Something a bit strange, I’m going to write a review of the banks that exist in New Zealand since I’ve had accents with pretty much all the major banks (BNZ, ASB, ANZ, Westpac and Kiwibank) but I’ve never written a review about my experience regarding each of them – so now I thought it would be the best time given that I’ve got a few days up my sleeve and I want to keep myself occupied. One thing to keep in mind that for someone like me I’m all about self service – if I need to go into a ‘store front’ to get something resolved that could possibly be done via the internet but the bank is too lazy to invest money into making it possible then it is a sure fire way of losing me as a customer.
Internet banking (which includes mobile banking) is the corner stone of that experience and when it comes to the best experience I’ve had it is with ASB Bank – everything you could imagine that can be done online such as order a replacement credit card or debit card, the payees for billers are synchronised between the mobile version and what is available on the website, activate a new card and choose a new PIN number, a system where your financial situation is monitored and you are offered an overdraft of credit limit increase on your credit card (saving time, rather than going through the process of applying for something and being declined – if you’re eligible for it then you’d know about it).
The website itself isn’t as modern/sleek as say Westpac’s and BNZ’s banking platform – the BNZ has a lay out view that one can choose between a more spreadsheet style lay out (columns and rows) but those wanting something more colourful and icon driven to act as reminders as to what each particular account is setup for – maybe have a long term savings account for your son or daughter with a photo of your son or daughter for the icon as a reminder of who it is for (might work as a good incentive not the spend the money in there). Westpac’s own website makes great uses of layering and slide out draws/menus resulting in a less disjointed experience where you’re not hopping between different parts of the service. With all that being said the slick design cannot make up for the lack of features such as the ability to activate and set a pin over the internet as both Westpac and BNZ required me to go into a branch to do something that Kiwibank, ANZ and ASB seem to be capable of delivering.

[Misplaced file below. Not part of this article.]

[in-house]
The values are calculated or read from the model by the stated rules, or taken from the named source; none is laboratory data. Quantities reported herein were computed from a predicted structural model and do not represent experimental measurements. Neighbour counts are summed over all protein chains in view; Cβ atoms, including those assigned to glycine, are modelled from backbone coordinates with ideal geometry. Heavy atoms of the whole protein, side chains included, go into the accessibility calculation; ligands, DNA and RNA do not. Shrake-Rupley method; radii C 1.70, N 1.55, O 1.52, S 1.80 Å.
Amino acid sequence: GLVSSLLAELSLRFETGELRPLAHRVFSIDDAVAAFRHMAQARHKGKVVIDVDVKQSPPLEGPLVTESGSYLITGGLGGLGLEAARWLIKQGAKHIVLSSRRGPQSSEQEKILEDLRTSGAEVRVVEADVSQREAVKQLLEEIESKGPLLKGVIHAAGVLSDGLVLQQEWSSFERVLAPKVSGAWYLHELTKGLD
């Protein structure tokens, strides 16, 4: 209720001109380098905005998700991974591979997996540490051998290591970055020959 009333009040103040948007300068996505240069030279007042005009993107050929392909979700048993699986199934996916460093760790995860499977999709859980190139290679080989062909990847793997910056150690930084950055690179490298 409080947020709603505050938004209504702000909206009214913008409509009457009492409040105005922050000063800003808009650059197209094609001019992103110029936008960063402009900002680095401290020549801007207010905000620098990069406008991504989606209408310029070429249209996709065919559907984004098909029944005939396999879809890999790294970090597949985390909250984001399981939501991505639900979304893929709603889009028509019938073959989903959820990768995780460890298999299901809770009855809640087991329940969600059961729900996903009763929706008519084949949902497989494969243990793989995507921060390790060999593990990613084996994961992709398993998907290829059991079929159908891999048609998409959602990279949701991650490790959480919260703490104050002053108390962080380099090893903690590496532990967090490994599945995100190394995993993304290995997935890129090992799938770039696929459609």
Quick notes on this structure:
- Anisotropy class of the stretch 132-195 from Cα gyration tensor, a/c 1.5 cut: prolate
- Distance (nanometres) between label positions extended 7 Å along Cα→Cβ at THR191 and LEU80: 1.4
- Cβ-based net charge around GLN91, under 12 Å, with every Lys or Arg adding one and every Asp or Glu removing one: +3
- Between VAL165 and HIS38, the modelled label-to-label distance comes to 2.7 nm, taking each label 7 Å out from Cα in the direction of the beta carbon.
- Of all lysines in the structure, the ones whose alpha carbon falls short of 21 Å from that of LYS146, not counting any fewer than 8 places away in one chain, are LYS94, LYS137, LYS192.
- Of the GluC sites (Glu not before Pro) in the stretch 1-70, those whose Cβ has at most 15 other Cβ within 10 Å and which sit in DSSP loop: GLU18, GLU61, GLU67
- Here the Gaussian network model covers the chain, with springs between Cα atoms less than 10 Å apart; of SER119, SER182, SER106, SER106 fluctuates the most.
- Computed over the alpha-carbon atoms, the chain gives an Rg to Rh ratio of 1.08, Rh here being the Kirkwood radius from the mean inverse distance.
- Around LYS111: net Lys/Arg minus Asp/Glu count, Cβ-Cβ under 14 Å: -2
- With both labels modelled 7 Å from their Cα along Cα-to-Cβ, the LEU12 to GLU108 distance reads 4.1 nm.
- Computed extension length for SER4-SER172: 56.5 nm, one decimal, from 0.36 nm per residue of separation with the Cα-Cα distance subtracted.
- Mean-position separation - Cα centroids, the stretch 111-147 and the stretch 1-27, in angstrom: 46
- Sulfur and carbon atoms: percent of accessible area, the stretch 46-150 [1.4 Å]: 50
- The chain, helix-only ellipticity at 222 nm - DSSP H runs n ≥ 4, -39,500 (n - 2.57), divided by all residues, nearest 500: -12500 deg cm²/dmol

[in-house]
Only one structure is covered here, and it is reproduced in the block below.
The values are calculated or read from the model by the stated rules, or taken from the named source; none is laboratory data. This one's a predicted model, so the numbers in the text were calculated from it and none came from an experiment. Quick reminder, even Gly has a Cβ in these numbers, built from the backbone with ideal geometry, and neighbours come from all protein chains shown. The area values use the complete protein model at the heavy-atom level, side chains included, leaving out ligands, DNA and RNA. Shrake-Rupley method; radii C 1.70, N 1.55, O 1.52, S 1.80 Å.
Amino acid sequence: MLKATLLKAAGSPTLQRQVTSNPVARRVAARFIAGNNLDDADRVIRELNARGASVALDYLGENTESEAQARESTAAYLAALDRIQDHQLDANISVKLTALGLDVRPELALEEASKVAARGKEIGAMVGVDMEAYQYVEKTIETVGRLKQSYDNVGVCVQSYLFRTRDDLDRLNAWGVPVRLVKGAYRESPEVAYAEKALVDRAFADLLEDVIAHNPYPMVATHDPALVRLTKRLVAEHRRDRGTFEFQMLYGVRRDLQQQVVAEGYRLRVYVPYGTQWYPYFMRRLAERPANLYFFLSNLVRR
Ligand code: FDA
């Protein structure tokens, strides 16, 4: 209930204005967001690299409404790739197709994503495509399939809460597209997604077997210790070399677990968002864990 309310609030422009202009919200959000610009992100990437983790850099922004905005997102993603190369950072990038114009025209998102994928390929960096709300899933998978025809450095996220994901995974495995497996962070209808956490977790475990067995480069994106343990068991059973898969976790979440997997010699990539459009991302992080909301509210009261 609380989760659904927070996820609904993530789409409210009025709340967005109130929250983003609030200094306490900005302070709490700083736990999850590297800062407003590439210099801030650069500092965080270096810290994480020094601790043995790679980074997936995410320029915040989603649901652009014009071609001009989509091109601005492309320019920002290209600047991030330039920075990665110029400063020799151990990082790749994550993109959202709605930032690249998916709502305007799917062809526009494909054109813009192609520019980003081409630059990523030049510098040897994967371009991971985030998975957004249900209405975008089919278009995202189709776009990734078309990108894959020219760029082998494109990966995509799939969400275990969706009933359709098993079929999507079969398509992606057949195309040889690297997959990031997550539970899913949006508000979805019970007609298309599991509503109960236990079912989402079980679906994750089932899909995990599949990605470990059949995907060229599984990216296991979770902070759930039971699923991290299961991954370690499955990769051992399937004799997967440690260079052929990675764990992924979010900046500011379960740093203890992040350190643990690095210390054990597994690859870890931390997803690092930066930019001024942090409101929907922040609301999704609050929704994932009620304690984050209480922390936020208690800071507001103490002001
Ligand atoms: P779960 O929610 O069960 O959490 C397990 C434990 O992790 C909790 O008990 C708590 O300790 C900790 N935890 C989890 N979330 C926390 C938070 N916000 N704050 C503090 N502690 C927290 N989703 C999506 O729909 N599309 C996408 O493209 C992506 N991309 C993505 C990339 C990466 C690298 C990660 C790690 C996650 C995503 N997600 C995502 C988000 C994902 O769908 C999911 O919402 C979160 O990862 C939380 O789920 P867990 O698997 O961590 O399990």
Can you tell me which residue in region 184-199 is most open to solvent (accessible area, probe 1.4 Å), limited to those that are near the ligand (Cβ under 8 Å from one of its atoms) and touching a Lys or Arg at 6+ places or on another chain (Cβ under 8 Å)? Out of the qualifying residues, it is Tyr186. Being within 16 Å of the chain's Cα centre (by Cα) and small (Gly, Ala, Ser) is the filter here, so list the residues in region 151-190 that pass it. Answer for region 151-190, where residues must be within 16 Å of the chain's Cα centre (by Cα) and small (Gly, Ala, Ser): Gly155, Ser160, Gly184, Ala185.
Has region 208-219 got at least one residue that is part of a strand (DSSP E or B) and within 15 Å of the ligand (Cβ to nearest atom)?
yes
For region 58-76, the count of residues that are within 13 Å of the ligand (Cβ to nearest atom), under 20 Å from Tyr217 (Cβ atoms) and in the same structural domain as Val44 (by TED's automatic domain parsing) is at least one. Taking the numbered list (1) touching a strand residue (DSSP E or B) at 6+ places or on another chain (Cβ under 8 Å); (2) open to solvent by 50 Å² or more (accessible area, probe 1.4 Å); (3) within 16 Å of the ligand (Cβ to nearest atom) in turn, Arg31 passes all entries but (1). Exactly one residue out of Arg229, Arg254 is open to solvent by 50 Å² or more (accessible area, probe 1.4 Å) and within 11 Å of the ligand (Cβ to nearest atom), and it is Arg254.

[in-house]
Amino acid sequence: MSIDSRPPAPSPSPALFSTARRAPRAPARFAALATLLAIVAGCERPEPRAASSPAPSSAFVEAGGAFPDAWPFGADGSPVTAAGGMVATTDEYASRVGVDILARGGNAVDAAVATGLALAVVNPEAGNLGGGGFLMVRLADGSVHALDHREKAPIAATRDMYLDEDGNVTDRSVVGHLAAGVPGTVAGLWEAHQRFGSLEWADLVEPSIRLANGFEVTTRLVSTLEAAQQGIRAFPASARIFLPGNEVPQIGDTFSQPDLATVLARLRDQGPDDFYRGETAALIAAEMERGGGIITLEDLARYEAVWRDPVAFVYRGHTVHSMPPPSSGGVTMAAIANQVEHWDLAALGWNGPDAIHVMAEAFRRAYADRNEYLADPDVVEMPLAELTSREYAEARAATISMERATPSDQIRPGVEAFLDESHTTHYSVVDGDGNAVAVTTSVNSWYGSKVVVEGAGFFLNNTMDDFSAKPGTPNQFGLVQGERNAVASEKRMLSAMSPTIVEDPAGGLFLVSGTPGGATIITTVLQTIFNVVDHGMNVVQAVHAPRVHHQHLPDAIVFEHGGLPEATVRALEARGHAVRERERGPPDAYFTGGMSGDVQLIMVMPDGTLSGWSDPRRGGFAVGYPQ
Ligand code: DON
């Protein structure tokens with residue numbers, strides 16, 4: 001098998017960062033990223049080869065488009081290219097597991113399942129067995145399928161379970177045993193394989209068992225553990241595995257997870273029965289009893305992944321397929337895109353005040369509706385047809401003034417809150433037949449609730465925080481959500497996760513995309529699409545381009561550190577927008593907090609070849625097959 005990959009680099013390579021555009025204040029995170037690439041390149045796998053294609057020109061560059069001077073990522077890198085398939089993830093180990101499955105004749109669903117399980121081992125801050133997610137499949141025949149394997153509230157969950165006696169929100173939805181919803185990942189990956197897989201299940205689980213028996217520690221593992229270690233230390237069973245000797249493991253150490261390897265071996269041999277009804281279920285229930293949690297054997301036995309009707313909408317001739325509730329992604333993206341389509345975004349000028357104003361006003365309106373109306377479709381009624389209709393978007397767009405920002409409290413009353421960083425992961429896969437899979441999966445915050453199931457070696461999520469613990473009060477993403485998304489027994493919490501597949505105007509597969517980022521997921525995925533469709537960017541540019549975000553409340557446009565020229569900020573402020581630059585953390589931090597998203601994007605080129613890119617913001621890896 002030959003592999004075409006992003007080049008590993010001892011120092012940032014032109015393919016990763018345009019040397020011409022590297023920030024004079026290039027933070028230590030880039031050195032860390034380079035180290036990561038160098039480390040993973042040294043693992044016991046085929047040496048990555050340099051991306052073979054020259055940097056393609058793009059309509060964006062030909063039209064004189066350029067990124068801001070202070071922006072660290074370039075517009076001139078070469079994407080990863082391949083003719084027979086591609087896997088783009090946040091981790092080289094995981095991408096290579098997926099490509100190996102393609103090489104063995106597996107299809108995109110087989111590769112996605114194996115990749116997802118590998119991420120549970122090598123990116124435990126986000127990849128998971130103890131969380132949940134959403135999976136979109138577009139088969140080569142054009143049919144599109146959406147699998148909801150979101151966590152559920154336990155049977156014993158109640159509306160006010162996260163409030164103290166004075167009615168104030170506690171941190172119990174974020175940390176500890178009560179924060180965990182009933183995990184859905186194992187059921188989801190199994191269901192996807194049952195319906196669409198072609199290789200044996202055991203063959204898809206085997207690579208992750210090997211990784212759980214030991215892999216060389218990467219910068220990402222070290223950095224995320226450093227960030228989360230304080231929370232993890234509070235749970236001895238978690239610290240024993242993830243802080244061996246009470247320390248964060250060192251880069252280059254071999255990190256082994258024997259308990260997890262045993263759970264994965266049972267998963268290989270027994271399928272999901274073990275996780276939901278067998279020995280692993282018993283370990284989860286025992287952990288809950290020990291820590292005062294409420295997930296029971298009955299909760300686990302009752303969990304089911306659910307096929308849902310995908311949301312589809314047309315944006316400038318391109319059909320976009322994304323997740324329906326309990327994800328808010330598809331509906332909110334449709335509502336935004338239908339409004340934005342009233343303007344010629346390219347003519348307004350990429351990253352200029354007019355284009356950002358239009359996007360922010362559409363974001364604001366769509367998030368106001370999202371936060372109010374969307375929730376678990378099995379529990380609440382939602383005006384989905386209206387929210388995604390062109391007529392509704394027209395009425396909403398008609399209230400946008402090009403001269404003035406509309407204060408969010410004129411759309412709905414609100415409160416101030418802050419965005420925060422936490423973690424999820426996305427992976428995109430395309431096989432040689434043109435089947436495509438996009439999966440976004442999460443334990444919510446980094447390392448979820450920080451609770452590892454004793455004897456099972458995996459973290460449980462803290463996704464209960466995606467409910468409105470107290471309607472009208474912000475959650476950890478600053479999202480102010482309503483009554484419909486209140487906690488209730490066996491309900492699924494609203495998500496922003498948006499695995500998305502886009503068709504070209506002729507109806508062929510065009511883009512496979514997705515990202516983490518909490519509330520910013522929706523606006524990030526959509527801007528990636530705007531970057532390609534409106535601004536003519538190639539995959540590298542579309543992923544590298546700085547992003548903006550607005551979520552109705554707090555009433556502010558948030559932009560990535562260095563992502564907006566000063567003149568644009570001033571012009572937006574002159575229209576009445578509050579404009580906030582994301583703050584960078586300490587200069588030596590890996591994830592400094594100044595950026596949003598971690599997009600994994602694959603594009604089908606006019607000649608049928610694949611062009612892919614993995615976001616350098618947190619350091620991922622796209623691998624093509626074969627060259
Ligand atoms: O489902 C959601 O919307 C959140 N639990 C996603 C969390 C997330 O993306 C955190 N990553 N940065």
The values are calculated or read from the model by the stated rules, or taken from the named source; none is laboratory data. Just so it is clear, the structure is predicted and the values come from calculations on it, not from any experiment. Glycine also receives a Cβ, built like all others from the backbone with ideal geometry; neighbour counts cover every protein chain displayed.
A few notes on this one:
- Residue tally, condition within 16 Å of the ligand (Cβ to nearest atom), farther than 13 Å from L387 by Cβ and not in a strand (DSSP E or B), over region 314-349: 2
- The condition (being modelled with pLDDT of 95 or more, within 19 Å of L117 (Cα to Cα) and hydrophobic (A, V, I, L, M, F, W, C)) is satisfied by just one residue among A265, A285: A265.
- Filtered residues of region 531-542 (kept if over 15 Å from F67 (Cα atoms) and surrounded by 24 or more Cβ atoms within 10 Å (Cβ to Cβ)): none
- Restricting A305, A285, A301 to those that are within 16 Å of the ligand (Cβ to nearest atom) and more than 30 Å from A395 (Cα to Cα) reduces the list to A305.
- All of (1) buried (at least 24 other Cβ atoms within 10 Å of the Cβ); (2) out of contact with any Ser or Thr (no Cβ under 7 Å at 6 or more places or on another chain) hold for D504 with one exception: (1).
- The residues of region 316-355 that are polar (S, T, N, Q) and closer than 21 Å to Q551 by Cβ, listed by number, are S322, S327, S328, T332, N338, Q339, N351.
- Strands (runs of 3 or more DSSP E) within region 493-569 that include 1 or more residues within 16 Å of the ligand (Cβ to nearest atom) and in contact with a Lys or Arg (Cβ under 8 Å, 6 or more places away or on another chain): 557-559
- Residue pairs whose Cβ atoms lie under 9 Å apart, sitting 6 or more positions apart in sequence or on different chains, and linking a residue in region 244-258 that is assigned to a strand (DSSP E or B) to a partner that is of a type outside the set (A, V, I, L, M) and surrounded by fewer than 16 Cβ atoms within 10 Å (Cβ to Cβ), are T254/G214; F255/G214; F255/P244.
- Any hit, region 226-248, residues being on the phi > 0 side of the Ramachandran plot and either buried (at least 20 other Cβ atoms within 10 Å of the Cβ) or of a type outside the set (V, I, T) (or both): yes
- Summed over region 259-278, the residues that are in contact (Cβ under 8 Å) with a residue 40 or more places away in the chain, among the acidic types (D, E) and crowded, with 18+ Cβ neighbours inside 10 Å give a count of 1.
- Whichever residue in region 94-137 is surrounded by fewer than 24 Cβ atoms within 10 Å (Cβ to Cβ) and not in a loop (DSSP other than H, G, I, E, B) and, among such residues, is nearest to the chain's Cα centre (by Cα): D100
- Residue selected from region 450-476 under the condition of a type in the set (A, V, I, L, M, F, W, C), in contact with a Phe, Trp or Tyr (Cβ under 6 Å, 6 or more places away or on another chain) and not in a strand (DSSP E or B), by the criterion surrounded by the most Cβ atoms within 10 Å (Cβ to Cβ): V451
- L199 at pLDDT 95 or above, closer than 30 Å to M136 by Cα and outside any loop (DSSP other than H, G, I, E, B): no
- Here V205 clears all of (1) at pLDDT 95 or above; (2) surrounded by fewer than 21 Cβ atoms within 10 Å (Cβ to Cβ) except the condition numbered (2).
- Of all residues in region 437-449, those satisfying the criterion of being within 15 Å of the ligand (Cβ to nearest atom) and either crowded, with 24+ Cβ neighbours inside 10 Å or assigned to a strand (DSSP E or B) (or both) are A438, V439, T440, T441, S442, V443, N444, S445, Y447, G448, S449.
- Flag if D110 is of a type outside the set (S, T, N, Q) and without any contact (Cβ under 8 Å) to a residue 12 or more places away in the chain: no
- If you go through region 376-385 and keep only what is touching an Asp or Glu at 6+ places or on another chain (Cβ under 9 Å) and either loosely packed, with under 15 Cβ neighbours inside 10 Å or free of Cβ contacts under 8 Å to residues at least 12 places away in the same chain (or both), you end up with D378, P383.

When it comes to ANZ’s own online banking, although it hits the mark in many of the same places where ASB and Kiwibank did, the problem I found was that the payees I set up on the website wouldn’t propagate over to the mobile application meaning that when I’m at work on my break and I see that my pay had gone through I couldn’t pay all my bills. What makes the situation even more bizarre is the process of updating personal information – you cannot see what they’ve got on file and when you’ve submitted an update to the details you never get to see the final version – oh, then there is the delay between submitting and it becoming active. Reminds me of State Insurance and how with Southern Cross Health Society I can update my direct debit but in State Insurance infinite wisdom I am unable to update that online.
In terms of the costing the best value I found was with ASB Bank – the ASB Visa Lite credit card has no account fees, interest free for 6 months for purchases over $1000 but that being said Westpac do have the best value when it comes to balance transfers by having the option of either 12months at 0% or 5.95% until the balance transfer has been paid off. When it comes to the running costs of having an account the most expensive was BNZ which charges a flat $5 per month where as the cheapest being Kiwibank, ASB and ANZ but keeping in mind that the fee free accounts at the three of those banks are purely electronic transactions so if you do want to have manual transactions rather than using the smart ATM or one of the automated services then there will be a service fee. That being said, the flat fee at BNZ doesn’t cover everything – there are service charges such as if you want to print out a statement at the bank which kind of makes me wonder what the $5 is paying for.
When it comes to Kiwisaver ASB once again is the best value for money and best performing (for the balanced fund) with ANZ being the most expensive, BNZ sitting around the middle of the pack along side Westpac’s BT Fund with Kiwibank being more expensive than ASB but cheaper than BNZ, ANZ and Westpac.
Over all if I was going to draw a conclusion I’d say that ASB is the best value for money and best technology except when it comes to Apple Pay which is where ANZ and BNZ have the edge but that being said if you’re into balance transfers with the best rate then Westpac seem to be a lot more aggressive in terms of competitive pricing than what others offer. When it comes to Apple Pay, as much as I love Apple I have to admit that it is a technology that is solving what is a uniquely American problem of an antiquated banking system with Apple Pay and Android Pay being a patch over a gaping wound. When it comes to Apple Pay in New Zealand my experience at least working in the banking sector is that it is a gimmick used by banks in lieu of fixing critically fundamental flaws in their banking experience – “don’t look at our short comings…check this out…we’ve got Apple Pay!”.For someone like me the idea of Apple Pay is very much something that is ‘neat’ but it is more the icing on the cake and most certainly not something that can be some how used as a replacement for getting the basic banking fundamentals sorted out.